Last year at the 2022 Sea Otter Classic, as I was walking through a parking lot near the Expo I came across a pair of athletes with the most incredible bicycles I’d ever seen. They were rugged, heavily-built trikes with two mountain bike wheels in the front and a massive single fat mountain bike tire in the back, and an electric drivetrain was apparent on each. Both athletes were in wheelchairs. Later that weekend I’d see them, and other para-cyclists, compete in both the Downhill and Dual-Slalom events. It was the first time para-cyclists had been given their own separate classes in any Sea Otter event. I was flabbergasted and, honestly, in awe of not just the bikes but by the para-cyclists and how hard they were sending it on every single run. I came back to Sea Otter this year to talk with and document a few of these athletes.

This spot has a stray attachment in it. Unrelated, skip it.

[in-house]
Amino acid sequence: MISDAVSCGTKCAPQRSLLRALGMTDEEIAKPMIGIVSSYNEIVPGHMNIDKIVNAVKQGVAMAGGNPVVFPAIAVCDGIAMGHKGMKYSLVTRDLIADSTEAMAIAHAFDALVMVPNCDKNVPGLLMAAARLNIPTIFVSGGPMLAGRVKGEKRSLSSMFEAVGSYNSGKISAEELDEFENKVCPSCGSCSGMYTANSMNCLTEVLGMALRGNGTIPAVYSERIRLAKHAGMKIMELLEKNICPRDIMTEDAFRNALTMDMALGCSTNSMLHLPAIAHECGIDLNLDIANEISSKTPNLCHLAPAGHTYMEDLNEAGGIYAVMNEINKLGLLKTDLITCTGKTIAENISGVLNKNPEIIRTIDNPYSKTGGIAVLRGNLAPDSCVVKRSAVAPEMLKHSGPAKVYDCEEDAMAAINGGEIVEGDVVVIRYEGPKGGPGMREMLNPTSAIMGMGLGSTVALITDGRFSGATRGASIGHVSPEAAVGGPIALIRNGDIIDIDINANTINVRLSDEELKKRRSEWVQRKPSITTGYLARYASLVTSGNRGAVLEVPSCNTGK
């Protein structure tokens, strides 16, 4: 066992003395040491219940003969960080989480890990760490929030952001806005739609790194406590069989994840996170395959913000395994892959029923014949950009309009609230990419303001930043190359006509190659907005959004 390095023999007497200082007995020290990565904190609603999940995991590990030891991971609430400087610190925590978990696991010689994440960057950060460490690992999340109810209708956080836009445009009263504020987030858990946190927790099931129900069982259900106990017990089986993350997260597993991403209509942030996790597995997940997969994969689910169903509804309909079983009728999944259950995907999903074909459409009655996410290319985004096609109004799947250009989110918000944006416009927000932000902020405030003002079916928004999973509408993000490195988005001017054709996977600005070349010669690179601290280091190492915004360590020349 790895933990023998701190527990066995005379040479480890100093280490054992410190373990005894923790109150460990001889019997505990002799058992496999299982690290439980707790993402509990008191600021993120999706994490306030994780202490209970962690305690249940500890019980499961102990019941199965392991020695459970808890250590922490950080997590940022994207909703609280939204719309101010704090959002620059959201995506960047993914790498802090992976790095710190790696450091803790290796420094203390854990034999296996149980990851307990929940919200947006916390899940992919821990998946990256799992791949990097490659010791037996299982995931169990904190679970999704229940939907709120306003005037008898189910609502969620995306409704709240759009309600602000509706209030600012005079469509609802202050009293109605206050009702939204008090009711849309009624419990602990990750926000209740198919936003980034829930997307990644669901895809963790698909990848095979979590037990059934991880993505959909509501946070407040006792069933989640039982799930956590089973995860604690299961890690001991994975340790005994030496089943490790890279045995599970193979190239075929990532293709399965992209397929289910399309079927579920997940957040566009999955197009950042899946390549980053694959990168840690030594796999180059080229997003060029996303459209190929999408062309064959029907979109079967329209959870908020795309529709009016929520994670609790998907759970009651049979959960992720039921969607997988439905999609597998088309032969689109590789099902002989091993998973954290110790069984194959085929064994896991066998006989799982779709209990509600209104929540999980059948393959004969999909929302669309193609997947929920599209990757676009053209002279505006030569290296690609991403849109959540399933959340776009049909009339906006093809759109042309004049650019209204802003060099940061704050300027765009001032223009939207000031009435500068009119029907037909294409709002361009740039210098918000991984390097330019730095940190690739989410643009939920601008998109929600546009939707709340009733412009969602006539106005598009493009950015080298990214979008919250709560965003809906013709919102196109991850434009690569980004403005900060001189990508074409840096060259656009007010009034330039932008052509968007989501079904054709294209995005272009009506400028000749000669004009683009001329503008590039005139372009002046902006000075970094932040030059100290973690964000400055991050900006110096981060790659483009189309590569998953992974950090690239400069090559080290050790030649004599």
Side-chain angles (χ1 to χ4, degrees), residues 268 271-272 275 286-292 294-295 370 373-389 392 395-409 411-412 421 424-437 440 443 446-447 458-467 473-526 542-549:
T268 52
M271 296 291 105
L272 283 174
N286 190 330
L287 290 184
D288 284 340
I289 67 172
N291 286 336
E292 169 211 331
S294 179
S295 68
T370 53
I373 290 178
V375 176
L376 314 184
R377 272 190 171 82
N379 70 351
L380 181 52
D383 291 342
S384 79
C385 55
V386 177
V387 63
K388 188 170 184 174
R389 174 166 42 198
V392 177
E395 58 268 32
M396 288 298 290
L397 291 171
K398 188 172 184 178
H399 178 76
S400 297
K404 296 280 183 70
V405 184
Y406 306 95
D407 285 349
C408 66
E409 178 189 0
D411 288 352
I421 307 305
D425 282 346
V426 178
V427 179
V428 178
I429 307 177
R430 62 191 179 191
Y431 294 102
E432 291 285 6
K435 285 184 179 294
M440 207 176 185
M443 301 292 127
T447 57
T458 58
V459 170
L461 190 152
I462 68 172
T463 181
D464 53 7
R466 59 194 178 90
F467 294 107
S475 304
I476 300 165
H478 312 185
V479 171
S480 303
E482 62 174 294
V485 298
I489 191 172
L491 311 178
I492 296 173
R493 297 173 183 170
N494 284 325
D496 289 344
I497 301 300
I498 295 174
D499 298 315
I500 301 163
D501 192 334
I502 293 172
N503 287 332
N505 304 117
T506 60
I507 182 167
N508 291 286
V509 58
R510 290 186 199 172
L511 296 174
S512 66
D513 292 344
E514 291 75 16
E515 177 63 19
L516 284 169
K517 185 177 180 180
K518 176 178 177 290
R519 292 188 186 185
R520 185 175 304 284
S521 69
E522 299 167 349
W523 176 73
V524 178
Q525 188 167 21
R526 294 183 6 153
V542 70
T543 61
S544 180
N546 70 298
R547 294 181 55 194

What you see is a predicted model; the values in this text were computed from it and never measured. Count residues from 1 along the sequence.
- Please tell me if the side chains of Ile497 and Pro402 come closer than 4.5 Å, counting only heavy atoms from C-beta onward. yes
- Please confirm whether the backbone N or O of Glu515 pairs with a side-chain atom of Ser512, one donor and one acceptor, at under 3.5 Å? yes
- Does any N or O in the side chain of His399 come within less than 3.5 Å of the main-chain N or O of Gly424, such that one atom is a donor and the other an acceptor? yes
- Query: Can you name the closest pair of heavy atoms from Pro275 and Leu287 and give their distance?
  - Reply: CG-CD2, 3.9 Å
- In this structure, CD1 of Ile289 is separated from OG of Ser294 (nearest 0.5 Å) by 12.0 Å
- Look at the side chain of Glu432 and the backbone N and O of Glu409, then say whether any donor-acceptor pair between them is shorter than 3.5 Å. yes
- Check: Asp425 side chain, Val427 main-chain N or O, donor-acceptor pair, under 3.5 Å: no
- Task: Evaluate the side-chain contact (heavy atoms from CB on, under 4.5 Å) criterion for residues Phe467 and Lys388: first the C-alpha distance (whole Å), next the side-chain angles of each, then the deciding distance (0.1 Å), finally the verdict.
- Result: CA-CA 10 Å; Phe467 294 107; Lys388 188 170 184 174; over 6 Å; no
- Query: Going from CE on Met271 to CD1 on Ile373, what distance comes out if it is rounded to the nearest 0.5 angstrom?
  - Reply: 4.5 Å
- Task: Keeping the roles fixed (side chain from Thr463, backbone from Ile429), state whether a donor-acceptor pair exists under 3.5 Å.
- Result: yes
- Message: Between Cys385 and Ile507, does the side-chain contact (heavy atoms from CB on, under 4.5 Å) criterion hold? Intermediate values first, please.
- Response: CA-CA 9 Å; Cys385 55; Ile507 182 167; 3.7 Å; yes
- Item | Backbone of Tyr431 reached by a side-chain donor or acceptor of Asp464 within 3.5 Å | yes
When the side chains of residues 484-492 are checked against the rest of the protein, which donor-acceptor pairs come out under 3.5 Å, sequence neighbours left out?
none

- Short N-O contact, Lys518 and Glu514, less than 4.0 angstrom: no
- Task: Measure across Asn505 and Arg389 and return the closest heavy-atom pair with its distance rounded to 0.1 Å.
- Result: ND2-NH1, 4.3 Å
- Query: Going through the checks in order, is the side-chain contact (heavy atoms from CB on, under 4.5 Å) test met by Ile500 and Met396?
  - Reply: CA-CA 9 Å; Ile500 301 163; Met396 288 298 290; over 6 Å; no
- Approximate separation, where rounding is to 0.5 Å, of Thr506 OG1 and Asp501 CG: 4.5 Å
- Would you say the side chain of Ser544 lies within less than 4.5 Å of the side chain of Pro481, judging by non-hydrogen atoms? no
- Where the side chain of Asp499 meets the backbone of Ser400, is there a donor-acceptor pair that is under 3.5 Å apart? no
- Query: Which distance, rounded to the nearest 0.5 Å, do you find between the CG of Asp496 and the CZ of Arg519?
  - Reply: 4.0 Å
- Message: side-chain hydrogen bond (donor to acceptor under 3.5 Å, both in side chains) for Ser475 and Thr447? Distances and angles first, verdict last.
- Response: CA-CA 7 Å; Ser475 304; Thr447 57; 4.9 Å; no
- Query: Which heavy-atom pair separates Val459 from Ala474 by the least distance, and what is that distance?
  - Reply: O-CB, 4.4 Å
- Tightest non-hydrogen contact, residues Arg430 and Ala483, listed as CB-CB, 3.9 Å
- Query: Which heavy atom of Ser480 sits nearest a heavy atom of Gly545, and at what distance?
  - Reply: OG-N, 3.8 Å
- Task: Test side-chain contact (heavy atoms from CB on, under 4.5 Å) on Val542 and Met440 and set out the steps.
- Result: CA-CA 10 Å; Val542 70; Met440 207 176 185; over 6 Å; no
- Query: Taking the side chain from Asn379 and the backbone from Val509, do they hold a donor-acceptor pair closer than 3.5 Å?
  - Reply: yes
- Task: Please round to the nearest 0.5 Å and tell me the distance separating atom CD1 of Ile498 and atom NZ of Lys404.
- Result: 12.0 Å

Travis and Josh are back today with their third and final report from the 2023 Sea Otter Classic. Continue reading below for another installment of interesting bikes, products, and people from the show, in addition to a mega gallery of images from the three days of sun, fog, rides, and wild times at Laguna Seca Raceway. Did they save the best for last? Read on to find out!
We’re back with our second eclectic mix of findings from the 2023 Sea Otter Classic. Yesterday’s post just wasn’t enough to tell you about all the new bikes, old bikes, products, and people Josh and Travis encountered this year. In fact, we reckon even two posts won’t be enough. There’s a lot to cover, so settle in with your morning coffee and enjoy.
Sea Otter Classic is one of the largest annual cycling festivals in the world. Each April since 1991, cyclists of all persuasions have descended on Laguna Seca Raceway outside of Monterey, CA to cheer on professional and amateur racers, as well as check out the latest and greatest in cycling technology at the massive vendor expo.